Have you ever referred to someone or something as racist? I have.
While many people shy away from using the word because of its incendiary nature, I use it a lot. A whole lot. My predilection for using the term is not because I think everything and everyone is racist. It’s that I want to normalize the word.
2a : a doctrine or political program based on the assumption of racism and designed to execute its principles
b : a political or social system founded on racism
3: racial prejudice or discrimination
Its use, however, has evolved from its original intended meaning into a pejorative that makes white people shudder whenever anyone utters the word. It causes so much ire in the hole where white people’s souls are supposed to be that referring to a racist as a racist has become worse than actual racism. Even some black people have advocated retiring the word because it hurts white people’s feelings.
The problem with all of this is that our reluctance to use, to verbalize those six letters misses a very important point:
Some things are racist.
Not only does our hesitancy to deem those acts as such lessen their impact, but it actually normalizes acts of racism. When studies show that black men receive prison sentences that are 20 percent longer than white men who commit the same crimes, it does not raise eyebrows when the report is titled, “Demographic Differences in Sentencing.”
No one cares that Republican-appointed judges sentence black offenders to longer sentences because it is termed “Judicial Politics and Sentencing Disparities.” If you are not the parent of a black child, you might not care that a government study shows that “black students are overrepresented in disciplinary data” and white students are “underrepresented.”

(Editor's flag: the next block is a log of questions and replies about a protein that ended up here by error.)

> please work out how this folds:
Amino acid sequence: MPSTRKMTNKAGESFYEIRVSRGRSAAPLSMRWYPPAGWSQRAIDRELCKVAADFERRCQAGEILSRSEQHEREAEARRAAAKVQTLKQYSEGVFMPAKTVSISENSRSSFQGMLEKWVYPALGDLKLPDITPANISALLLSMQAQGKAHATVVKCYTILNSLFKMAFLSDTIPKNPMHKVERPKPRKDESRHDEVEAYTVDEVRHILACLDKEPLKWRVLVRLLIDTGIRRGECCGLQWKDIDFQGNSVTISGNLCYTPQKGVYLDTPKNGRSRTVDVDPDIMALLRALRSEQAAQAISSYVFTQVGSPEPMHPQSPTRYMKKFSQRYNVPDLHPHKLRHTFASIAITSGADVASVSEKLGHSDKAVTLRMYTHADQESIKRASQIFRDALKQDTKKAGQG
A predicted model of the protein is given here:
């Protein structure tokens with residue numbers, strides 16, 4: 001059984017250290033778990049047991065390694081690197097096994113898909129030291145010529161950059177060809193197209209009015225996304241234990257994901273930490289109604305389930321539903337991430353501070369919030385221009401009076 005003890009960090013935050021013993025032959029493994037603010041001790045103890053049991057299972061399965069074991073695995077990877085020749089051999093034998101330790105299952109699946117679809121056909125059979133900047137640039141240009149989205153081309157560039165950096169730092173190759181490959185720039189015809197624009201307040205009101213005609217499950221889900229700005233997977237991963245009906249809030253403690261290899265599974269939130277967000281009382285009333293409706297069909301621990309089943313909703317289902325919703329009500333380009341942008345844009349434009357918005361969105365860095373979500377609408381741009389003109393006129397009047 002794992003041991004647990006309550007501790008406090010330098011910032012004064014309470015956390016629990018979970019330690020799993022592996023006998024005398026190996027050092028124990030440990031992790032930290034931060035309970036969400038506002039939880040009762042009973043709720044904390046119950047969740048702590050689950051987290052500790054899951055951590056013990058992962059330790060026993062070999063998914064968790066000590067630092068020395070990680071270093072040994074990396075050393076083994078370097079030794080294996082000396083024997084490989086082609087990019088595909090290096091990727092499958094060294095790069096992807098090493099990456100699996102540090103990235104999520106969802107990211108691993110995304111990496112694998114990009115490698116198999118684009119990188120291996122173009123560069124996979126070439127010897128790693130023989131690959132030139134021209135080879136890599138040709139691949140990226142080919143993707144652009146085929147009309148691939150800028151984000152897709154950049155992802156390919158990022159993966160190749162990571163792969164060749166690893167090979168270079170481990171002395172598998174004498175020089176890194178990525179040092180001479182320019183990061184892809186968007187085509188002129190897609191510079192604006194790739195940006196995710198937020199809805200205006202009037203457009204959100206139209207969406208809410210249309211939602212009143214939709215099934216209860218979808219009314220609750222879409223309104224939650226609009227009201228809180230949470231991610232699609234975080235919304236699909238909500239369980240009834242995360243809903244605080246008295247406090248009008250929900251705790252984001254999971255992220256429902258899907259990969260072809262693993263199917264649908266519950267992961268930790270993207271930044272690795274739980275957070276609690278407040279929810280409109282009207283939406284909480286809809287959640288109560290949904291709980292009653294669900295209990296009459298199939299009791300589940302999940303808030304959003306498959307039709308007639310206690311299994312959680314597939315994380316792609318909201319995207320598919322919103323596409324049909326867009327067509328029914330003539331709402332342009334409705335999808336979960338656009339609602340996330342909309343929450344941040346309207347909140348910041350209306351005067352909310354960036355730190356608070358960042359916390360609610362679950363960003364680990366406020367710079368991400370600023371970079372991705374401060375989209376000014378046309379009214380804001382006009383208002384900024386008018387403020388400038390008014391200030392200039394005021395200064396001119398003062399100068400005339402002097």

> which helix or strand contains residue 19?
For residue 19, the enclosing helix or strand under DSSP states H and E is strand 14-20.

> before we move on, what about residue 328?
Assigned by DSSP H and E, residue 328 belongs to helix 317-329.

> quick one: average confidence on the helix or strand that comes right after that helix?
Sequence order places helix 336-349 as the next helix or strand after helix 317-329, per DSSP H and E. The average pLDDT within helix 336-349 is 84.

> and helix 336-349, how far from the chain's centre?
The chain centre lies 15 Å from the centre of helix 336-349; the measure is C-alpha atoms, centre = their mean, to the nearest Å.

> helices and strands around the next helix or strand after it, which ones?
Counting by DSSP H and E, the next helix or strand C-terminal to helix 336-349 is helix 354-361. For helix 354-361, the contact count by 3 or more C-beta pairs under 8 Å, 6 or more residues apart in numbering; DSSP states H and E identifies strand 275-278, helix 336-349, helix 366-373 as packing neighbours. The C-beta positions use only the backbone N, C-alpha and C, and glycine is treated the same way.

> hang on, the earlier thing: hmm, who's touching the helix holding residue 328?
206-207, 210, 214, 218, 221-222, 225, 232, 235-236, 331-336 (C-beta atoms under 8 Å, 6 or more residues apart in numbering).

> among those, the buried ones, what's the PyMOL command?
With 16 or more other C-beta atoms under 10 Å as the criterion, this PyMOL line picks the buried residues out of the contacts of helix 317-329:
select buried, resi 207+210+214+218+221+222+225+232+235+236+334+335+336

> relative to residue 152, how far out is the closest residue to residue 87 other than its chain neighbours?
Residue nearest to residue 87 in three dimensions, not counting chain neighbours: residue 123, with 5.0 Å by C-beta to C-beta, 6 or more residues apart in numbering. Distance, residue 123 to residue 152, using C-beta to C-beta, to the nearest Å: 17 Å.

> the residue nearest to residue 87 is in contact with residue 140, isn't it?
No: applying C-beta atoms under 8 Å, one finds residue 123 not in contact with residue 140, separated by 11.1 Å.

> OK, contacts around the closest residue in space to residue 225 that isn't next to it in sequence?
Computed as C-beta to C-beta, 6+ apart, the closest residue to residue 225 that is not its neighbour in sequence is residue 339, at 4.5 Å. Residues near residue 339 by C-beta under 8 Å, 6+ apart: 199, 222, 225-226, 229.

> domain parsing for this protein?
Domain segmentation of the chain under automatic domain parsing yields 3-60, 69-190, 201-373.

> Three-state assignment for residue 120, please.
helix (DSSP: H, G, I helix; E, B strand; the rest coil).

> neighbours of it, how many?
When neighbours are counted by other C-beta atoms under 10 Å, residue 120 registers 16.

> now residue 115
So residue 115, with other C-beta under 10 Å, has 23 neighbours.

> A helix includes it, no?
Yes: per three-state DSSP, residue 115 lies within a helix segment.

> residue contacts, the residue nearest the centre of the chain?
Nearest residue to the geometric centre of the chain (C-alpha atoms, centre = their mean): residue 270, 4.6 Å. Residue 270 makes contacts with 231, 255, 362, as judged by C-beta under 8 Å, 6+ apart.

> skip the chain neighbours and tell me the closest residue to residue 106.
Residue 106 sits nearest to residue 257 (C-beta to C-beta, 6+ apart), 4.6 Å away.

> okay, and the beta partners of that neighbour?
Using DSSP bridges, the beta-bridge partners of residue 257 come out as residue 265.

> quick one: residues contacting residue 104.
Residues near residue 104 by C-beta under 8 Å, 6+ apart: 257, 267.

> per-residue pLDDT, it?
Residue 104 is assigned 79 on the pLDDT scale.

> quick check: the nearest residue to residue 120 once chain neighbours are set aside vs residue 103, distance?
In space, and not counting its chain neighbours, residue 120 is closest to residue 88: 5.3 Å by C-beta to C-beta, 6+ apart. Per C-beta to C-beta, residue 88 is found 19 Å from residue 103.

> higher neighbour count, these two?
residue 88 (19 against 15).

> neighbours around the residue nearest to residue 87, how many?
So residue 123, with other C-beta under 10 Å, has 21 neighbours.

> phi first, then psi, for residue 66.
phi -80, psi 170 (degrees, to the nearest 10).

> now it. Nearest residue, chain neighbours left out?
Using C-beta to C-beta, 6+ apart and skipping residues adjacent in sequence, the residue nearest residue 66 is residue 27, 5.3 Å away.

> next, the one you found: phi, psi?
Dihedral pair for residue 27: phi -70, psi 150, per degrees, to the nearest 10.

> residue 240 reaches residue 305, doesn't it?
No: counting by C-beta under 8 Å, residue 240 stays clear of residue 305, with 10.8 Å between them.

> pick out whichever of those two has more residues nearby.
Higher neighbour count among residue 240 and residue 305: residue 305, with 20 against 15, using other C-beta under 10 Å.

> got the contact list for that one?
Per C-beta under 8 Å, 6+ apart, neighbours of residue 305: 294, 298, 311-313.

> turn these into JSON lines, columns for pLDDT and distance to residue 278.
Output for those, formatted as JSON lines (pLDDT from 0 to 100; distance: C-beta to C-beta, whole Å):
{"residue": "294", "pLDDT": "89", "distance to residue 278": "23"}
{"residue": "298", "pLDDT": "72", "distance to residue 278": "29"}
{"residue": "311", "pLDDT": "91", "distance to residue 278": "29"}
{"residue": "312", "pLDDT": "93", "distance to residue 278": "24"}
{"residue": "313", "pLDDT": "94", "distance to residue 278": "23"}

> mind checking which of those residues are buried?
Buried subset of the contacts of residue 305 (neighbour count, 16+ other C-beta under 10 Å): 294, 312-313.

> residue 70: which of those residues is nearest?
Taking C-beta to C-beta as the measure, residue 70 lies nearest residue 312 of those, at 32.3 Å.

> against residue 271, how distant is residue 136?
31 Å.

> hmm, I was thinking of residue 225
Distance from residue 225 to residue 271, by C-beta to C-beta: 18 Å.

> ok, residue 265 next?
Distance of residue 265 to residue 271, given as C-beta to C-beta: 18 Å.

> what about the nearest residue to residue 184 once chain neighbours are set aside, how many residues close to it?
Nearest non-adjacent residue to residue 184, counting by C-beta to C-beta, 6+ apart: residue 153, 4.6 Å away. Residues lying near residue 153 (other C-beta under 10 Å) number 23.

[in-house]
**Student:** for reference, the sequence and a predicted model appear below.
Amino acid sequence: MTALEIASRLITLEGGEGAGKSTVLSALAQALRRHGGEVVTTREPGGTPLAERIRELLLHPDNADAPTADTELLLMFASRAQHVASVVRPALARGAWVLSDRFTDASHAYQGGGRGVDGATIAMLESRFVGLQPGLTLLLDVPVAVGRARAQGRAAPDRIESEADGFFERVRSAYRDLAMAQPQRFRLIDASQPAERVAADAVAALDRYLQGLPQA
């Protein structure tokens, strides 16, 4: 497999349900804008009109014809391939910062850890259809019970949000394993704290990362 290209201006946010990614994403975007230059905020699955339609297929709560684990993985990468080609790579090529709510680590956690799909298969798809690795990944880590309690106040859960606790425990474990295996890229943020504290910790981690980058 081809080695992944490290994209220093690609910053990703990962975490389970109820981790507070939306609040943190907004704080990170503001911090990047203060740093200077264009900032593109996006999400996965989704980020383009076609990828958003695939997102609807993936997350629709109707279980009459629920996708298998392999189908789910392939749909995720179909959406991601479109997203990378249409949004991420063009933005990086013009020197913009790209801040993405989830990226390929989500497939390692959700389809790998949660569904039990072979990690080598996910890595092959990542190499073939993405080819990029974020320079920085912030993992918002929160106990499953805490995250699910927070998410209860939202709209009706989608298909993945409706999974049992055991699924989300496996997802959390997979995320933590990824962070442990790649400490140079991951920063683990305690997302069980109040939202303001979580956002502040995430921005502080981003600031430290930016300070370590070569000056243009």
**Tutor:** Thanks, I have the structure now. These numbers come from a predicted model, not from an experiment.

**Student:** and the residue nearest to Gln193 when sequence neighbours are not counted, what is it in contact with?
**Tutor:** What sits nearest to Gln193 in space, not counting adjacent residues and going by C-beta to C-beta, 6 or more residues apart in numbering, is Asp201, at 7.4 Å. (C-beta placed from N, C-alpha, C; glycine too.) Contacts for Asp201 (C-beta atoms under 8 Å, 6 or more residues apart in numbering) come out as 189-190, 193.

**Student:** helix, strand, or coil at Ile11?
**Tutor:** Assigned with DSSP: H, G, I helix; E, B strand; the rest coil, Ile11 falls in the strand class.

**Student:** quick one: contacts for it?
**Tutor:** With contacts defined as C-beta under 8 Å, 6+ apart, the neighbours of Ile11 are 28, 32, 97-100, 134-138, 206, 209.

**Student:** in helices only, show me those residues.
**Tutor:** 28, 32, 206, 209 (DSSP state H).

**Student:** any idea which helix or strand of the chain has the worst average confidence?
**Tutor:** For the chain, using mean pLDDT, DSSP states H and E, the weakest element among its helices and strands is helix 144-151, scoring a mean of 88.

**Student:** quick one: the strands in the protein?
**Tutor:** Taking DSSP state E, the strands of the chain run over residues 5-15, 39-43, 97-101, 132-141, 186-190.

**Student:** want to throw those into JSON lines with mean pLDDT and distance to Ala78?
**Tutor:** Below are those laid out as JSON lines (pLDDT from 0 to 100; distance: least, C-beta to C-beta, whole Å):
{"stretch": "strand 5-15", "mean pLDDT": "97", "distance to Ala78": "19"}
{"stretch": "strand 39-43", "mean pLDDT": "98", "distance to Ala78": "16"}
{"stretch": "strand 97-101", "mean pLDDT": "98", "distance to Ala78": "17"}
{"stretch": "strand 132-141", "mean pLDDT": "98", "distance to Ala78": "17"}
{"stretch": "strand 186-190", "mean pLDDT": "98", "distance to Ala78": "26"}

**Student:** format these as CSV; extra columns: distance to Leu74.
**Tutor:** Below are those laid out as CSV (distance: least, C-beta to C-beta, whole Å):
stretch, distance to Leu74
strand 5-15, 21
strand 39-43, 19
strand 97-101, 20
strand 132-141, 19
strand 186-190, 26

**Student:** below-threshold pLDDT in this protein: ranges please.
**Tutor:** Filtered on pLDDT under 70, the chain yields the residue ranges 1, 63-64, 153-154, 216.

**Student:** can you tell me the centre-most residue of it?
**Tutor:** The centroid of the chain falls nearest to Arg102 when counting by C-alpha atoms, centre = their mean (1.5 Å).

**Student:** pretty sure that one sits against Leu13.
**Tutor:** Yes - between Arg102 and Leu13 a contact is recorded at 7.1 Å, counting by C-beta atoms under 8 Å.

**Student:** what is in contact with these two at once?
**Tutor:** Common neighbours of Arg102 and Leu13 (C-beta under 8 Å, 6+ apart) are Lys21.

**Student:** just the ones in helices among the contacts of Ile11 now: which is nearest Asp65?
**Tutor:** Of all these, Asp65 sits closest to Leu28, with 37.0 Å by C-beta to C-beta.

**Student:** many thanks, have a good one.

But we can never defeat prejudice until we acknowledge the facts and admit that the criminal-justice system is racist. Republicans are racist. Schools are racist.
Yet, I am often warned that white people shut down when they hear such harsh statements. Although I have always attributed the existence of racial bigotry to living in a country founded on white supremacy, I have recently discovered through a litany of anonymous emails that the only reason racism exists is that people like me are “always playing the race card.” Apparently, prejudice exists only because white people get tired of hearing about racism, leave their homes and summon the police to cookouts in the park.
But now that I recognize the error of my ways, I am willing to change. Instead of using the word “racist,” here are 10 words that I’m sure won’t conjure up animosity in whatever
racists inequality advocates use as hearts:
When Roseanne Barr called Valerie Jarrett an ape, the New York Times story called the tweet “offensive” before changing the headline to “racist.” To be clear, Barr did not compare Jarrett to an ape. Barr called Jarrett the offspring of an ape and a Muslim terrorist, which might be the most tightly condensed racist sentence ever.
Despite the long history of referring to black people as primates, the New York Times did not mention that the tweet implied that Jarrett’s race was a “primary determinant” of a human trait, which makes it inherently ... you know.